Rethinking Classical Tibetan Pedagogy
The Importance of Applying Multidisciplinary Research to Tibetan as a Second Language Education (TSL)
The following paper explores classical Tibetan language pedagogy as it’s generally practiced in the West, while suggesting a radical reinterpretation to that approach by providing alternatives based on the consensus of multidisciplinary research from second language education and linguistics, among others. Especial attention is paid to the importance of production processes (speaking and writing), phonology (listening and speaking), and environment (language exposure) and their roles in language learning contexts; these concerns lead us to the conclusion that the spoken language ought to be the basis for the study of sophisticated literature, even in a classical language context. We then turn toward the specific issues of Tibetan language literacy: the language diglossia; its history; why “classical” Tibetan is not a classic example of a classical language; and, briefly, how to overcome these obstacles in a Tibetan as a Second Language (TSL) educational context.
Table of Contents
Rethinking Classical Tibetan Pedagogy
The Importance of Applying Multidisciplinary Research to Tibetan as a Second Language Education (TSL)
*“TSL” is used here as a catch-all acronym for students whose first language is not Tibetan.
It’s safe to say that in the Tibetan language learning world, much ado is made about textual translation. This has led to a focus, in educational settings, on students either being thrown, or just as often quite willingly leaping, into the deep end of the literary pool: after a quick-and-dirty introduction to the alphabet, its basic phonics, and the spelling and pronunciation of syllables, instruction immediately turns to grammar and translation. Though this method explicitly addresses the end aim of many Tibetan language students (textual translation), it is implicitly prohibitive in key areas of language learning, most notably language production processes and phonological processes (listening, speaking, and writing), which are actually vital to building the foundations of one’s interpretive skills. While it goes without saying that a few great scholars have become adept translators without delving into the spoken language (and that, without their contributions, we wouldn’t be where we are today), given what we now know about second language education, we also believe that approaching the literary language via the spoken language would be nothing but beneficial for most students in most cases.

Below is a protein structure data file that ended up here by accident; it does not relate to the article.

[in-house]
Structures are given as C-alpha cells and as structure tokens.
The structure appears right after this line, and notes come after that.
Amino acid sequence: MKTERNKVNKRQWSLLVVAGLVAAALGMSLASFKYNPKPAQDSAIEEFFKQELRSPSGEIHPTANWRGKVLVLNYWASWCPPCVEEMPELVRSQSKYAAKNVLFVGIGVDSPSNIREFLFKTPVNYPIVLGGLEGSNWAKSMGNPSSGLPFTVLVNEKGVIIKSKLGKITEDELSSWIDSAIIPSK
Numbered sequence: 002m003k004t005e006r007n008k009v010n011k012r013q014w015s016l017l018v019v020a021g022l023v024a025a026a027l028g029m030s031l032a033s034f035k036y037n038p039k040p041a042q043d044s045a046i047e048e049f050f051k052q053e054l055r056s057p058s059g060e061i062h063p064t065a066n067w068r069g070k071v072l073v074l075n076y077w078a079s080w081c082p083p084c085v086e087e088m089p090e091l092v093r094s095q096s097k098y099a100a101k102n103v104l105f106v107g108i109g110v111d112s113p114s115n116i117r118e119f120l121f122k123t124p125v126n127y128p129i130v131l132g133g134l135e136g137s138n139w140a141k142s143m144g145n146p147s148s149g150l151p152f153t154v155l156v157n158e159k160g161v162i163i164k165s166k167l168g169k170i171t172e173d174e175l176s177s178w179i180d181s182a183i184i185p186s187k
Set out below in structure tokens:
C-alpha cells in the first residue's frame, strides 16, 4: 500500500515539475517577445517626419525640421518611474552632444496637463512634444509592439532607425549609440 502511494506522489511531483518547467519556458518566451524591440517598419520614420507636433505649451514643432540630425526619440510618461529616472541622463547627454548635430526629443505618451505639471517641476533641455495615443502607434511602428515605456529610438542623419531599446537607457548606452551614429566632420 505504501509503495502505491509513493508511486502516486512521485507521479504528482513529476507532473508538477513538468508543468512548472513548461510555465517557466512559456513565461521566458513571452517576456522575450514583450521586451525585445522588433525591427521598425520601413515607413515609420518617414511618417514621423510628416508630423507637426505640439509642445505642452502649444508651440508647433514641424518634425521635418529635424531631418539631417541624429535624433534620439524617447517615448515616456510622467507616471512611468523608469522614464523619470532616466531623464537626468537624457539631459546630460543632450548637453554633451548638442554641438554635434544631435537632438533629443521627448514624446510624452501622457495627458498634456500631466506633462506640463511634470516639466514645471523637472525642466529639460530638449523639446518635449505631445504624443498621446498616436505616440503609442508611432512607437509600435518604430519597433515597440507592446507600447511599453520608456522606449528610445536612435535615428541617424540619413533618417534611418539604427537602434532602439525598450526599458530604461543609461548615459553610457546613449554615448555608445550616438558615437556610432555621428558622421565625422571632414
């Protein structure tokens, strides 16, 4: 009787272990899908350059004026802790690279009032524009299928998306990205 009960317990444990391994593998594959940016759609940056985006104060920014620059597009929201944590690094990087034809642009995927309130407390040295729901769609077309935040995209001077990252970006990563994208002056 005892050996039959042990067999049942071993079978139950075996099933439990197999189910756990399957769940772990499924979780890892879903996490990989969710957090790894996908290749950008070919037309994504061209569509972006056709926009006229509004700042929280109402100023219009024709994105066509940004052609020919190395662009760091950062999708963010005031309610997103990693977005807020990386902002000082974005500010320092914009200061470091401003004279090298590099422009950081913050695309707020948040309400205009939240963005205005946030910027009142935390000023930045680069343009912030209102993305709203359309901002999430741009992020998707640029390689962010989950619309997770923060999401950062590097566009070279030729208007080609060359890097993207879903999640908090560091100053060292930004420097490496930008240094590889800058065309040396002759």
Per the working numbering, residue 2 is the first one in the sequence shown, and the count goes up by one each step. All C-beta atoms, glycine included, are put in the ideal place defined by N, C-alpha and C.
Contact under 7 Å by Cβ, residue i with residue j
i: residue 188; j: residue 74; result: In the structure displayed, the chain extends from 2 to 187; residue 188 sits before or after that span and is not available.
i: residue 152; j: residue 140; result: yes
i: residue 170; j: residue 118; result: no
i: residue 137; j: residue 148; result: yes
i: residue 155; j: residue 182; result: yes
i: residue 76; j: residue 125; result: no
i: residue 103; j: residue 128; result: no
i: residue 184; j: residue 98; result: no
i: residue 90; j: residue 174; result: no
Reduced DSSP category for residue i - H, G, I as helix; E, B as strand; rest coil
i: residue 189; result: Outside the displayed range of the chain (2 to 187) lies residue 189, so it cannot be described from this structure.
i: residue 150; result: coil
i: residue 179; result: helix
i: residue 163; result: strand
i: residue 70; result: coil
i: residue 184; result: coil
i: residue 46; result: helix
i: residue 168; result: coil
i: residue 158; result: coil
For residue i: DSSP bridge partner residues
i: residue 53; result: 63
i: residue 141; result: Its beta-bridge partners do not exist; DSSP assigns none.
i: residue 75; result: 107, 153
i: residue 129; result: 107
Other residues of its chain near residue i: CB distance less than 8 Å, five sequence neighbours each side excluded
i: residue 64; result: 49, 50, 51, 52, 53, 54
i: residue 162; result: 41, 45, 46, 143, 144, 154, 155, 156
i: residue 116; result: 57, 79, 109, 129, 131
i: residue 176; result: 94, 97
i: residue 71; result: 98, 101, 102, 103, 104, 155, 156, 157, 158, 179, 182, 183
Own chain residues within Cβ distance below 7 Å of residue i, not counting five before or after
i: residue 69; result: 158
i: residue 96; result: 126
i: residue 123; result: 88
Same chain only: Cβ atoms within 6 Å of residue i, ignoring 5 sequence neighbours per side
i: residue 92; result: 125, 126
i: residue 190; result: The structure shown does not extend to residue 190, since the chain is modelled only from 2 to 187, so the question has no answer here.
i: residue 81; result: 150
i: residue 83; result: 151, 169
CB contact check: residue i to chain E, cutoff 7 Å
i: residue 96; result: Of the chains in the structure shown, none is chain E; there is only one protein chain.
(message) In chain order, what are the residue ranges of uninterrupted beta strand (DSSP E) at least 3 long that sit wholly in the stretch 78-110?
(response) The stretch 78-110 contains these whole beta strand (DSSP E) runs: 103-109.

Our intent, therefore, is not to diminish the achievements of those who have accomplished so much in the field of Tibetology and translation until now, but merely to point to an alternative path toward Tibetan reading fluency for future generations of second language learners. In other words, it needn’t be the case that literacy in Tibetan is, as Beyer calls it, such an “elite achievement.” Here, we will present the consensus of multidisciplinary research drawn from fields such as second language education, linguistics (applied linguistics and psycholinguistics), neuroscience, and the like, and describe how these are applicable to the field of Tibetan language study, and more specifically, to building the interpretive and reading comprehension skills so necessary for textual translation. Moreover, we aim to briefly present the issues specific to Tibetan language education and how these may be overcome by educators to guide students to literacy in the Tibetan language.
1. Grammar-Translation: The Current Model